To be fair, Ryuuken doesn’t consider himself any worse of a father than Isshin. At least, Uryuu knows that his father is a Quincy and that he comes from a long line of them. He might not approve of Ryuuken’s decision to abandon the life of one or even the dead to their own ways, but Uryuu knows. He hasn’t been kept completely in the dark, has not been fed a lie. He hasn’t been forced to walk his life without knowing why things happen to him or wonder over the origin of his abilities.
Admittedly, Ryuuken knows he could have done more to help his only son. To be there for him when Souken was killed. More, Ryuuken could have been the one to disperse the Hollows that defeated his own father if he hadn’t so stridently denied his Quincy heritage to concentrate on the living. And he knows that a part of his son resents him for not being there then.
But again, at least Uryuu knows. At least he can accept if not understand.
Their relationship is strained. Awkward at best. Downright glacial at worst. Ryuuken allows Uryuu to live on his own because the boy honestly prefers it that way. But sometimes, in the middle of the night and the silence of his own home, Ryuuken regrets that decision. Uryuu is of the age now where he can make his own choices, but Ryuuken wishes he had never aligned with the Kurosaki boy. Had never dared call him friend or even had their paths’ cross.
Associations with Shinigami have never been any good for the Quincy. Not just due to what happened to Souken and his failures but also because one might end up with an idiot like Kurosaki Isshin for an unwanted companion. That, however, is another story. An annoying, irritating, stress-inducing tale, but right now, Ryuuken is thinking of only his son.
And all the things he regrets.
On the outside, it appears that he does not care for his only child, and Ryuuken knows this very well. He has never been good at displays of emotion, especially when Uryuu persists in being contrary to everything Ryuuken has wished for him. After all, why should he value the dead more than the living? But this, Ryuuken could never make his son understand. He has always been more like his mother in that regard, always held more her spirit if not her looks.
And he makes the offer to help Uryuu regain his powers with the complete understanding that Uryuu will not follow through with his end of the bargain. He will meet with the Shinigami again, and Ryuuken knows this, too. And he will help the Kurosaki boy save their mutual friend. His son has too much honor, too much courage, to turn his back on anyone. Ryuuken applies the stipulation only to save face, unwilling to actively condone Uryuu’s choice.
Ryuuken thinks about his son as a child, as just an infant cradled in his mother’s arms. So young and innocent, completely naïve to the truths of the world. He remembers holding Uryuu – promising himself and his wife, promising Uryuu – that he wouldn’t have to deal with the burdens of Quincy life. And if not for Souken, Ryuuken might have managed to keep that promise. He can’t hate his own father for trying to make Uryuu into what Ryuuken had abandoned. But he can hold onto his anger for it. Can wish that the old man had left well enough alone and allowed his Quincy pride to be finally buried.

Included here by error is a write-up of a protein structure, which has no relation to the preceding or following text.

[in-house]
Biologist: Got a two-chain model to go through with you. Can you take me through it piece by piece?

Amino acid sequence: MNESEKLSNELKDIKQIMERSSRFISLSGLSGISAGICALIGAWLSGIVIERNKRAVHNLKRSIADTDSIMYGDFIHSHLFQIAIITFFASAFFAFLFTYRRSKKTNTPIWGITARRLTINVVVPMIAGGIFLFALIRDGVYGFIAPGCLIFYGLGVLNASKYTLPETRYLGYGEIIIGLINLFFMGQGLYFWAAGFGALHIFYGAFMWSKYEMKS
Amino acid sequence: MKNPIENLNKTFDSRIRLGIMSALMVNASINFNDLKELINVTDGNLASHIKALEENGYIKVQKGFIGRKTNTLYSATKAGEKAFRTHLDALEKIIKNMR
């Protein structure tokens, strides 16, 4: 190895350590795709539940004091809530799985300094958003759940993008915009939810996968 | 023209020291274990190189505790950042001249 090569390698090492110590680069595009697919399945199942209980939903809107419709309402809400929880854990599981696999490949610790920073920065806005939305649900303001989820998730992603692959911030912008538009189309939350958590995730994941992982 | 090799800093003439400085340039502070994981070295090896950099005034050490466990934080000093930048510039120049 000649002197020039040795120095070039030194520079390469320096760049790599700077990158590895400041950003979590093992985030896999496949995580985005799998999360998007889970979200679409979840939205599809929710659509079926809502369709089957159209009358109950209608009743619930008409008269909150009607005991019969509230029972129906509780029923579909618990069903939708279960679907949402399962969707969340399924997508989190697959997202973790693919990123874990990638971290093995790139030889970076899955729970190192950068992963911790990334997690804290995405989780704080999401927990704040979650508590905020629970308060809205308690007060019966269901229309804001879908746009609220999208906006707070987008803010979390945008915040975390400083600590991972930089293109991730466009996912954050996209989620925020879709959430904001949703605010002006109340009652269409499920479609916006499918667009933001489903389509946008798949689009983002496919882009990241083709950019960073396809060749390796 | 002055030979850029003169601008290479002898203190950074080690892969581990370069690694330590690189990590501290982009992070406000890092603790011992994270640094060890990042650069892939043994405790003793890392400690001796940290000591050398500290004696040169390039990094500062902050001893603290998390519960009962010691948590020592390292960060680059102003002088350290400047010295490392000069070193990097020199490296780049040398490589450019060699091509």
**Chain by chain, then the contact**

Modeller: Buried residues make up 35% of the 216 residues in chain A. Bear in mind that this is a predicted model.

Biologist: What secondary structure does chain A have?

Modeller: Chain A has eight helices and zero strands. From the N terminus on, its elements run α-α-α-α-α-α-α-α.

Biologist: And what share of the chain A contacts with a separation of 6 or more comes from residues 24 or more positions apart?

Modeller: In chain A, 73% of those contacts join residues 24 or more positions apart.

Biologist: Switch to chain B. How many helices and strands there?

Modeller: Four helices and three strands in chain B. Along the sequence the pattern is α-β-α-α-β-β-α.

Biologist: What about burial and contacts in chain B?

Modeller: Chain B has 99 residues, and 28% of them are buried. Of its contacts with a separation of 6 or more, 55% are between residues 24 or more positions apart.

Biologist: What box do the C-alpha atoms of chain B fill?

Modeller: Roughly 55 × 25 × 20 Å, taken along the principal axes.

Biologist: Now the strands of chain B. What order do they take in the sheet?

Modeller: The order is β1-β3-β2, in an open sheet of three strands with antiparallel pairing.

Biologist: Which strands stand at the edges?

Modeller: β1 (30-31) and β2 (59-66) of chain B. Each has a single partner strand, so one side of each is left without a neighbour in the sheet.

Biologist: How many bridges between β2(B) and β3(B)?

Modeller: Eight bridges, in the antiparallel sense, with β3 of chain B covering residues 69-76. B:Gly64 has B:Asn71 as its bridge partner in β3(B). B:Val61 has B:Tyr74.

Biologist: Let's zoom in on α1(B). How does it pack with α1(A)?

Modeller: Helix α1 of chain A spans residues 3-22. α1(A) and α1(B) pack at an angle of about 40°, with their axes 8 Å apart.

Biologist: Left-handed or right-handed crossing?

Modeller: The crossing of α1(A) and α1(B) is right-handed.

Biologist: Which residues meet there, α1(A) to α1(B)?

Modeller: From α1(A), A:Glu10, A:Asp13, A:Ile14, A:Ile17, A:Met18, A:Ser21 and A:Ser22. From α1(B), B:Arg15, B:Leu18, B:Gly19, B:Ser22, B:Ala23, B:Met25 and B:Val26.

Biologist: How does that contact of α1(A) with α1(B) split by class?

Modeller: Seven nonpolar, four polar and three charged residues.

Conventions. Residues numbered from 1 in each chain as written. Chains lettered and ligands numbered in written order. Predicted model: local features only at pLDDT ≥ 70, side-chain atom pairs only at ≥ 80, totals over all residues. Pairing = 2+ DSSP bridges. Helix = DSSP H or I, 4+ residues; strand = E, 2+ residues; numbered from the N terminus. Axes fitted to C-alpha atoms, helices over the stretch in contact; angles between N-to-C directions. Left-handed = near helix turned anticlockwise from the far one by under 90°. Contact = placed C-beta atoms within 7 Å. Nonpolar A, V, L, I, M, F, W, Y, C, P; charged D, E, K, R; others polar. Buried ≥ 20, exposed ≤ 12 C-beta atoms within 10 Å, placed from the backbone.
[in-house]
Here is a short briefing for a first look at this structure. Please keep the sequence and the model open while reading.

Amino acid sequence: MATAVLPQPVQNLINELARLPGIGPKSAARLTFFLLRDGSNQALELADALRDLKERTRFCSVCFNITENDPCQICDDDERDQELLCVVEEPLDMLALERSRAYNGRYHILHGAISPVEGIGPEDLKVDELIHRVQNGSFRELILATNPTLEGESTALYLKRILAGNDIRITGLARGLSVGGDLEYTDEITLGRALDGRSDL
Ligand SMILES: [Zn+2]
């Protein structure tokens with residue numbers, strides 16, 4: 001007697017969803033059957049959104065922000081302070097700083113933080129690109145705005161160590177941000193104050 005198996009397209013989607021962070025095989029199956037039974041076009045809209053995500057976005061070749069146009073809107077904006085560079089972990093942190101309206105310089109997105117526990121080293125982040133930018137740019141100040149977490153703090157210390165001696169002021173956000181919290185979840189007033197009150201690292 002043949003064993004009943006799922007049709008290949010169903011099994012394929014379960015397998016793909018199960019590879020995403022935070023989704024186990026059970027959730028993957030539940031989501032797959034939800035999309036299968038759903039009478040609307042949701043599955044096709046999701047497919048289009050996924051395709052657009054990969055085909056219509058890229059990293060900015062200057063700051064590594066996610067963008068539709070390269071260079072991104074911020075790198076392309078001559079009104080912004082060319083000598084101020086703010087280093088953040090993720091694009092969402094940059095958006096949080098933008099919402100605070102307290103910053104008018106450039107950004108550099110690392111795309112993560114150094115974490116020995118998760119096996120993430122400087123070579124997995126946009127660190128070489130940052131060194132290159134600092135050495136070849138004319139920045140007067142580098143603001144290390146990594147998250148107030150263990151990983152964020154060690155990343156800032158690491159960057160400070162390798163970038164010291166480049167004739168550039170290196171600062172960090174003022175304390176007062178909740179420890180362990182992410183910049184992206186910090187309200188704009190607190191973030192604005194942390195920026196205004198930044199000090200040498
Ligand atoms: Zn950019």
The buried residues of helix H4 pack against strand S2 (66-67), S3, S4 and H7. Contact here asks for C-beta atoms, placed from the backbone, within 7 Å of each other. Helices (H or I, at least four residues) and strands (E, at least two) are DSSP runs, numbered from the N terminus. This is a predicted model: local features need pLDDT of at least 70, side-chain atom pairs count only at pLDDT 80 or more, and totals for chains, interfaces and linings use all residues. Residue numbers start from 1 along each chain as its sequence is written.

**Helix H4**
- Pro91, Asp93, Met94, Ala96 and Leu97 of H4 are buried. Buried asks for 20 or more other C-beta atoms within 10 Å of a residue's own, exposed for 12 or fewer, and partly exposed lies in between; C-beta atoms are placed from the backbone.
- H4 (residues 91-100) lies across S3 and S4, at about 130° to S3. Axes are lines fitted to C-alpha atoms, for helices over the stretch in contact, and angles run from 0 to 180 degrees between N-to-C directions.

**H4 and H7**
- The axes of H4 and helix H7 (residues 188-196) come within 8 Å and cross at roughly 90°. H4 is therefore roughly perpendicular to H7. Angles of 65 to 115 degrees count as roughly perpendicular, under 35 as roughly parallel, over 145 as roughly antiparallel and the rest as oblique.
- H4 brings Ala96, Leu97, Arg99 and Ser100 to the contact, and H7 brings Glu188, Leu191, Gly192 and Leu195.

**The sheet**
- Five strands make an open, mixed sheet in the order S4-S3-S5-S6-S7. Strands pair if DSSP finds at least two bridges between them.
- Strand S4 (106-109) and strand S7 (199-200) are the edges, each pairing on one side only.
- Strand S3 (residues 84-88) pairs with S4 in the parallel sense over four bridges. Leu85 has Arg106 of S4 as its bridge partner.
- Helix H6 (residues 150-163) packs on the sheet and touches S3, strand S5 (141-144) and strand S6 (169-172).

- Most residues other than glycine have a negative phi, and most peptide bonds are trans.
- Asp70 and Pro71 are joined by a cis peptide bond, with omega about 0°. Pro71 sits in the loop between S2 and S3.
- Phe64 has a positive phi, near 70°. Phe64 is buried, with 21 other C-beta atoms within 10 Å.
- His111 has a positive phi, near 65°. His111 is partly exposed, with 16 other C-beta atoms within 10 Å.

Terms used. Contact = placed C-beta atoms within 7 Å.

After all, what kind of father wants to see his own child bleed for someone who is already dead? It is not that Ryuuken has no sympathy for spirits, but he is too logical. He is a human himself in point of fact. He prefers to concentrate on those who still have their lives, who still have a chance. He cannot be running away at every opportunity to save one spirit or another. He can’t fathom abandoning his existence for the dead.
Is it so wrong for him to have wanted better for his son? To wish him a good life without the expectations of their ancestors’ lurking over his shoulder?
Ryuuken knows that they think his heart is nothing but ice. That a true father would never treat his son in this way. But he has only to look at Isshin to realize that he could be worse. He could have lied. Watched as his son floundered and fell time after time. Pretended ignorance. Had his son learn the truth of his mother’s death from a stranger. Had him nearly die time and time again and do and say nothing. Ryuuken may not show obvious affection for his son, but at least, he does not pretend to hold it when he clearly does not.
And true, Ryuuken has not held his son in a long time. Has not done more than insure that his bank account is full and his rent paid on time. True, they’ve not spoken familial words to each other in years. Yes, there is a great distance between them. But they are father and son. That fact will not change. Nor will the truth that he loves Uryuu, holds him precious as his only child. His last remaining piece of his dear wife. The last thing in his life of true value.
And though he knows he doesn’t deserve it, Ryuuken can’t help but wish for a time that Uryuu might call him father. Might admit to their bond. Their connection. To see him as something more than just another Quincy. To see him as a parent. To let the words flow free.
Even if just once.